Vue – Mixing SASS with SCSS, with Vuetify as an Example

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    Date Posted:
    Jul. 30, 2019
    Last Updated:
    Jul. 30, 2019
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The Vue CLI is an impressive tool that, similar to create-react-app, boostraps and automates a bunch of the Vue setup process. Unfortunately, the “magic” that makes the CLI and Vue so easy to use, also abstracts away a lot of what it is doing under the hood and makes it a little difficult to understand how to deal with unexpected issues, such as a SASS vs SCSS conflict when trying to use SCSS with Vuetify:

Error: Semicolons aren’t allowed in the indented syntax.

I got this error when trying to load a scss file through vue.config.js, which is the method that Vue officially recommends. If you search around, you can find that this is a known issue with Vue and how it uses webpack. If you selected SASS as one of the options while setting up the Vue CLI, under the hood Vue has installed and configured both “vue-loader” and  “sass-loader” to handle the Sass->CSS conversion. The specific issue is that “vue-loader”, using “sass-loader”, can handle both SASS (indented syntax) and SCSS (CSS3 superset) formatted Sass files, but will run into a conflict if trying to mix them at a global level with loaderOptions.sass.data. And in my situation, I’m trying to combine Vuetify, which uses the SASS syntax, with my own style file, which uses SCSS syntax.

If you want to jump right to the solution click here, otherwise, keep reading as I dig into the specifics of this issue.

What this issues is not about:

First, let’s try to make it clear what this issue is not. This issue is not simply about getting SASS/SCSS to work with Vue. That is pretty simple, assuming you have “sass-loader” installed. There are a few options, but the easiest is to simply stick your Sass into a style tag, like so:

<template>
    <div class="login">
        <button>Click to Login</button>
    </div>
</template>

<script>
</script>

<style lang="scss">
.login {
    button {
        color: green;
    }
}
</style>

Or, you could “import” the Sass style file in your main JS file that loads Vue. For example:

import Vue from 'vue';
import App from './App.vue';
import router from './router';
import store from './store';
import './registerServiceWorker';
import vuetify from './plugins/vuetify';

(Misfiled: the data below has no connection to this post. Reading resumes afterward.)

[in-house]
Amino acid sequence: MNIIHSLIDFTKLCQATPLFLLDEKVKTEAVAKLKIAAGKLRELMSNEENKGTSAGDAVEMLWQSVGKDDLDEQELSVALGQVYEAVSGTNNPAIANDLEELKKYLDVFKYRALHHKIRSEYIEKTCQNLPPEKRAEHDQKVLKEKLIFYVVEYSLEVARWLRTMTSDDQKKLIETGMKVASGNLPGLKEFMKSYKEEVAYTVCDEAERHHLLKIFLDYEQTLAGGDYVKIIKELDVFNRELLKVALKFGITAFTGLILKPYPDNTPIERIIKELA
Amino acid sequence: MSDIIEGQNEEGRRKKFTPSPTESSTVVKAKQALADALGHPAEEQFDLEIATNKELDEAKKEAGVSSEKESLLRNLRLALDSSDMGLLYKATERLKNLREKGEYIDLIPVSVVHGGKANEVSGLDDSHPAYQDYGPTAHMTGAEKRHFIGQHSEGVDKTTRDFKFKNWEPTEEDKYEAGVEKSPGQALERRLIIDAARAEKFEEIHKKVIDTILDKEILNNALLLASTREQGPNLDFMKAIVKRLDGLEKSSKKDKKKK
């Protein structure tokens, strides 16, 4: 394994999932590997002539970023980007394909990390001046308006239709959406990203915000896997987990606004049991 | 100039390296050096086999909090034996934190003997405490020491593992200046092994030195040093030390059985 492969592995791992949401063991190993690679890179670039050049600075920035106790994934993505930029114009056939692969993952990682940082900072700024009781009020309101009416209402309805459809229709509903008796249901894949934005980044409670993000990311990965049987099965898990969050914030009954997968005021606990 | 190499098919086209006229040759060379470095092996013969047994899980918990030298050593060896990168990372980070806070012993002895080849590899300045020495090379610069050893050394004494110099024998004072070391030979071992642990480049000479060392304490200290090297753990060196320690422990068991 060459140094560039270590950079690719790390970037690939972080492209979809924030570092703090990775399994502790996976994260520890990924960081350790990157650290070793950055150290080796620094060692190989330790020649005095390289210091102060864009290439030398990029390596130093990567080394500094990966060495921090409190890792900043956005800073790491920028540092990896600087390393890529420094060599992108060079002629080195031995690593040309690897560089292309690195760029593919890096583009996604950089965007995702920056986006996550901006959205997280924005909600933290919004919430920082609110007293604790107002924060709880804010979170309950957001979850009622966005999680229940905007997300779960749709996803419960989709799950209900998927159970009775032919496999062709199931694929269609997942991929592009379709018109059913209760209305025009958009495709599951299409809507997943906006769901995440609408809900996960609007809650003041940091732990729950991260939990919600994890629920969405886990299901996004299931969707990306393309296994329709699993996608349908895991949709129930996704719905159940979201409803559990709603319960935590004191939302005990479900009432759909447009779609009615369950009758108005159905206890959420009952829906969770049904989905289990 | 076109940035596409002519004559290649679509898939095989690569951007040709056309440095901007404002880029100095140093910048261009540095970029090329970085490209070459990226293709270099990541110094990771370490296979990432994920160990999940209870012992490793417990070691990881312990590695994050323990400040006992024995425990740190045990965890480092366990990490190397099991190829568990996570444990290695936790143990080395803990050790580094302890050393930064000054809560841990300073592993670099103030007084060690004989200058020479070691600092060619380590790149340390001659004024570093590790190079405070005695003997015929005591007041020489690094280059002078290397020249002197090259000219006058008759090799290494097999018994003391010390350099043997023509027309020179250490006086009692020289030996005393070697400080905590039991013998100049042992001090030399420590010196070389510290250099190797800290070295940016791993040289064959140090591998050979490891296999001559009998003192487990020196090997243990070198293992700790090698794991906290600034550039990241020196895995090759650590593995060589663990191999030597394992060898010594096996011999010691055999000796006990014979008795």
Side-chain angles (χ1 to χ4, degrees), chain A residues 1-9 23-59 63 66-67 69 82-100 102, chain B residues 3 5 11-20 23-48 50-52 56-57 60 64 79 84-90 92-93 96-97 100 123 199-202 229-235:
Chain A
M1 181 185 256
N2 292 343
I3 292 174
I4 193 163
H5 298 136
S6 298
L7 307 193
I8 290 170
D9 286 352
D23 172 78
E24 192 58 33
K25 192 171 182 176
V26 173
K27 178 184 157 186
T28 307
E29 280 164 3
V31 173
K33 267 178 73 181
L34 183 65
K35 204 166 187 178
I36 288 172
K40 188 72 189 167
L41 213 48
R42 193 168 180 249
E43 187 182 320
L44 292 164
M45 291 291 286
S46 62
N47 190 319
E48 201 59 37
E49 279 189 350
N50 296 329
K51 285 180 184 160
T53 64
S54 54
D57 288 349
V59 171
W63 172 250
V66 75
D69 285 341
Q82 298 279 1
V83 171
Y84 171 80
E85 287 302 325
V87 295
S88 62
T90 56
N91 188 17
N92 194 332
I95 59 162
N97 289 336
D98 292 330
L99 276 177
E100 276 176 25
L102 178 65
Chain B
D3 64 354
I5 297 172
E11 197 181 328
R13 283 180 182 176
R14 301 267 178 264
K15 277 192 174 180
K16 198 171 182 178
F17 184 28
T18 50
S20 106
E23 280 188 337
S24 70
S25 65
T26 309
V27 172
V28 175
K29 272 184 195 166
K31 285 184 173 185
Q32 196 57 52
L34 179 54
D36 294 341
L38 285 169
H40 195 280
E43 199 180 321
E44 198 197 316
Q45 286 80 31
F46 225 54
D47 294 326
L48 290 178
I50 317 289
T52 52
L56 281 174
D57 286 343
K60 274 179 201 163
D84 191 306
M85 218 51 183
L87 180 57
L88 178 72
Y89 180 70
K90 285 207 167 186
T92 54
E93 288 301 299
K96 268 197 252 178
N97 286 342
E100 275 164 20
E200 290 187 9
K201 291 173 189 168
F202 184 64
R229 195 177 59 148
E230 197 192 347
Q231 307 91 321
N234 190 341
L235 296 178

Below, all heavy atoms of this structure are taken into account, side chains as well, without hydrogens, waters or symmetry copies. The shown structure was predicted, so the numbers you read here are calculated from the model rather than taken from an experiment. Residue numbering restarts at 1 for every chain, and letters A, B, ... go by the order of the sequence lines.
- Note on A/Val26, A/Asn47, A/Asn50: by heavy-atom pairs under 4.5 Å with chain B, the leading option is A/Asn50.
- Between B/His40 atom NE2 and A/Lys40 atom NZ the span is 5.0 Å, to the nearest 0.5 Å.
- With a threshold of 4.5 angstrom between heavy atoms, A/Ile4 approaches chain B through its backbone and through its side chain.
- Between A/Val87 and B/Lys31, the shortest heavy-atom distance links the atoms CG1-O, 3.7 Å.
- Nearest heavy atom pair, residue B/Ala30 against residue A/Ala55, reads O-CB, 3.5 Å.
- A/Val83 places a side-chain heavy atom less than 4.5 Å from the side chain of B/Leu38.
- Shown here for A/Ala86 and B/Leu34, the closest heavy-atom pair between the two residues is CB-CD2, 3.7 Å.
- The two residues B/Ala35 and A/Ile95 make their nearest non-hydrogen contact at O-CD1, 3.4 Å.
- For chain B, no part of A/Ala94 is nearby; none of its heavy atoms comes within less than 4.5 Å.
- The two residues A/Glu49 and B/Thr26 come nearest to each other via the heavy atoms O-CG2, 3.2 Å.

import './styles/App.scss';

Vue.config.productionTip = false;

new Vue({
    router,
    store,
    vuetify,
    render: (h) => h(App),
}).$mount('#app');

The real issue: Global vs Non-Global

The real issue here is how to inject global styles across your entire Vue app, using Sass. The common reason why this is desired is Sass variables. For example, a common dev practice is to create a Sass variable file, maybe “_variables.scss“, which has variables such as “$darkColor: #222222;“, and then in a Vue component file (SFC), reference that variable value in the style tag, such as with:

button { background-color: $darkColor; }

This is deceptively complicated, as evidenced by this massive Github issue thread on vue-loader, which explores different approaches and issues. The solution that most people have landed on is modifying the vue.config.js file and tweaking the loaderOptions for CSS – there is a great guide by CSS-Tricks on how to do this here, and another guide by VueSchool here. Here is a sample vue.config.js file that follows their guide:

const path = require('path');

module.exports = {
    css: {
        loaderOptions: {
            sass: {
                data: `@import "@/styles/_variables.scss";`
            }
        }
    },
}

This solution works for many users, but those using third-party libraries formatted with Sass syntax, such as Vuetify, will likely end up with this dreaded error:

Error: Semicolons aren’t allowed in the indented syntax.

What is happening is that vue-loader/sass-loader is essentially trying to inject your import code, which is formatted as SCSS syntax (with a semicolon), into your third-party library, which uses SASS syntax (semicolons are not allowed.

Now what? We need some way to tell sass-loader to remove the semicolon when using with SASS syntax, and/or don’t inject it at all into .sass if possible.

Mixing Sass-syntax and SCSS-syntax in Vue

If you don’t need to use variables, and simply want some SCSS converted to CSS and applied across globally, across your entire app, you have a few options, some of which I’ve already mentioned:

  • Import in your main JS file (with “import ‘./styles/myStyle.scss'”)
  • Import in your root Vue template file (e.g. App.vue), either through the script section, the style section, or a style link tag.
  • Use your own pre-processor of choice to process your files and push them into the right file locations.

However, if you want to use variables, mixins, or anything else that needs to be “reference-able” across components, this won’t cut it.